Latest report from British yachtswomen Lia Ditton who moves into second in Route du Rhum 1/11/06
When it comes to weather forecasts, there is one word that I detest; variable. There is no getting away from it. It is the same word in French, pronounced var-ee-a-bluh. Du vent var-ee-a-bluh is what we have this morning and which is responsible for the unloading and loading of my 2.2oz kite, sometimes with a violent and sudden tug on the sheet.
The waves are also partly to blame, as the boat surges forward down the back of one, up rockets the apparent, down goes the accelerator until water friction [the wave-ploughing effect] and the up-hill aspect of the next wave eventually have their way with the speed. Molecular matter forming pressure on the inside of the spinnaker, known in layman terms as air, is thereby dumped; leaving the cloth floundering and in a partial state of collapse. The stern is then picked up by wave two and off we go again.
It was pitch black and the middle of the night when the wind went aft and that word spinnaker loomed in my mind. As per usual, I decided to prioritise the subject by taking a one-hour nap first which turned into a two hour struggle to get up at all, along with lots of excuses-to-self that we were doing 8-10 knots anyway so what was the fuss about? All in all, the conclusion was probably the best possible outcome; I slept, on the basis that hoisting the kite and then falling asleep willingly or otherwise would not be a good thing. So when first light broke the gloom on the horizon, the time had come. If my writing here denotes a touch of apprehension, a touch is too slight! My experience of hoisting and running spinnakers amounts to about nil.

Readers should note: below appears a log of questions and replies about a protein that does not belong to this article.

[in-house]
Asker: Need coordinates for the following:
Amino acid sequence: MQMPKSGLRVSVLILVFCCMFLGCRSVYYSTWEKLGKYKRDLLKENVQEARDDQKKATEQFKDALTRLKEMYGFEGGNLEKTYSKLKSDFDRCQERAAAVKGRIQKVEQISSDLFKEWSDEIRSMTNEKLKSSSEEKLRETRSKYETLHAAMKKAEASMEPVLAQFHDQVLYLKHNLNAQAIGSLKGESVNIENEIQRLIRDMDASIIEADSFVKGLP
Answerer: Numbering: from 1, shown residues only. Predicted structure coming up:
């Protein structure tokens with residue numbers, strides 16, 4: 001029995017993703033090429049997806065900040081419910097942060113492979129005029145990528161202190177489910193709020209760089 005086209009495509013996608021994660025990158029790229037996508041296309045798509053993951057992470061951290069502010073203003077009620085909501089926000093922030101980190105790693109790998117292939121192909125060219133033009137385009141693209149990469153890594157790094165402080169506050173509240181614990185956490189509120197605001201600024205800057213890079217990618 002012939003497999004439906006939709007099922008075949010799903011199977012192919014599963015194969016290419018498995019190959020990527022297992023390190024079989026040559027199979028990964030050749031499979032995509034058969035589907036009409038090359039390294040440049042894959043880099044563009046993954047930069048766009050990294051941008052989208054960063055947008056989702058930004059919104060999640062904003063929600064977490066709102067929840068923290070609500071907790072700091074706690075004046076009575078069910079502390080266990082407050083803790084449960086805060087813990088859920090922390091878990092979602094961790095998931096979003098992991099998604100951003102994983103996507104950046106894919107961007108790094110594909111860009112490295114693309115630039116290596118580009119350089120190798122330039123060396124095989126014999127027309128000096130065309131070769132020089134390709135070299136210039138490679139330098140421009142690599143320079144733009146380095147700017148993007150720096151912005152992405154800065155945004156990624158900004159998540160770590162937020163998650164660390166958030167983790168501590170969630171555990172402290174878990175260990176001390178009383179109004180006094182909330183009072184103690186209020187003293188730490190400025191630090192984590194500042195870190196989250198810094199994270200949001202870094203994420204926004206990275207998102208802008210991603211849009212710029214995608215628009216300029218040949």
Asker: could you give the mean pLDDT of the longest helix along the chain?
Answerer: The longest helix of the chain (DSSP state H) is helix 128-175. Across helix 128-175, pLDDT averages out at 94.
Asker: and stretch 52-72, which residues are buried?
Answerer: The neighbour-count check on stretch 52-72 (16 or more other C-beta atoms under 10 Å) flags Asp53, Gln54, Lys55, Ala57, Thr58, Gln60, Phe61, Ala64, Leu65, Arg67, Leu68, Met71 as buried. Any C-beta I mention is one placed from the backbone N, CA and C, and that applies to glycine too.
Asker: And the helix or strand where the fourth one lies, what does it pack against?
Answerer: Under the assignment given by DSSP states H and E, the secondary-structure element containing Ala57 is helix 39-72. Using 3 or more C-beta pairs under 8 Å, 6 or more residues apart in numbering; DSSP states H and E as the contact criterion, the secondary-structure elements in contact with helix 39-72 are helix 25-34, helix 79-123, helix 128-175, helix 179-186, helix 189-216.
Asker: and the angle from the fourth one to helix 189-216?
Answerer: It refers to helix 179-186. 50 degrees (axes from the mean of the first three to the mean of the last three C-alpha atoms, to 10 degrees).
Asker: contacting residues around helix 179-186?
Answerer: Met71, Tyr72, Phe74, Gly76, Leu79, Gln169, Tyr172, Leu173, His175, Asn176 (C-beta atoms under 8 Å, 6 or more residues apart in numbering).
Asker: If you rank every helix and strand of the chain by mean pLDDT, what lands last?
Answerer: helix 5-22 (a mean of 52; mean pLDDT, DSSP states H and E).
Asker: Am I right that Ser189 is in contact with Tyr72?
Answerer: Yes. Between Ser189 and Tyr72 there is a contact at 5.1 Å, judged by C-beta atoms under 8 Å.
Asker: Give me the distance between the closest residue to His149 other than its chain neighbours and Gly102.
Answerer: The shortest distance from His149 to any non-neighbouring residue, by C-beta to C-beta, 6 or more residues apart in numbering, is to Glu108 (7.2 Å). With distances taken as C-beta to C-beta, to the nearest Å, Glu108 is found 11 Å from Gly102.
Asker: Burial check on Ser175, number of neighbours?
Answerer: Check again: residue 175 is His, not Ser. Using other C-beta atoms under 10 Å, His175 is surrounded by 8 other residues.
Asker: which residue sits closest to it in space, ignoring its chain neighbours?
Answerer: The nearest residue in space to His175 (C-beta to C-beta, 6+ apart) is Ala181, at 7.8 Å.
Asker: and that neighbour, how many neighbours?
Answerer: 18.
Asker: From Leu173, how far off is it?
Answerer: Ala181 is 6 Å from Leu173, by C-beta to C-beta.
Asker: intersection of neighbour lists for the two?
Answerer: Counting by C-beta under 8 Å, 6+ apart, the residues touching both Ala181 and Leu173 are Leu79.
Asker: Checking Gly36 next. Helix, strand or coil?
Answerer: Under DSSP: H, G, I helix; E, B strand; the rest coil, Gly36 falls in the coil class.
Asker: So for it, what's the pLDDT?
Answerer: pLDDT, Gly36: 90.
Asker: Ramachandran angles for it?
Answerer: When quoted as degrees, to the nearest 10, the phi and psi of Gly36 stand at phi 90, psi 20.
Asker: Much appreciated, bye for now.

Upwind/reaching I know how to eek every knot percentage out of tub or torpedo. Downwind, yes, well, perhaps I should have done the Mini Transat first?! Erring on the distinctly boring side of caution, my first choice of kite this morning was therefore the ‘heavy’ 2.2oz. The training kite, if you like. Up I trawled the sock through the companionway hatch, to the foredeck. Bagged, she will neither fit down the forepeak hatch nor the main companionway entrance, and liking the weight aft, she had been added to the main cabin furniture.
So up she went and returning to the cockpit, I did grumble that my decision had been far too conservative, that after all I was racing and hadn’t I douse and re-hoist the ‘medium’ tri-colour instead? You know what happened next… wham! The wind filled back into 18 knots gusting 21 and the kite began to dip in the water. ‘Ease the main!’ A voice screams in my head, a voice so indoctrinated from the couple of years racing fully crewed off the East Coast US. Mr ‘heavy’ turned out to be the better sail.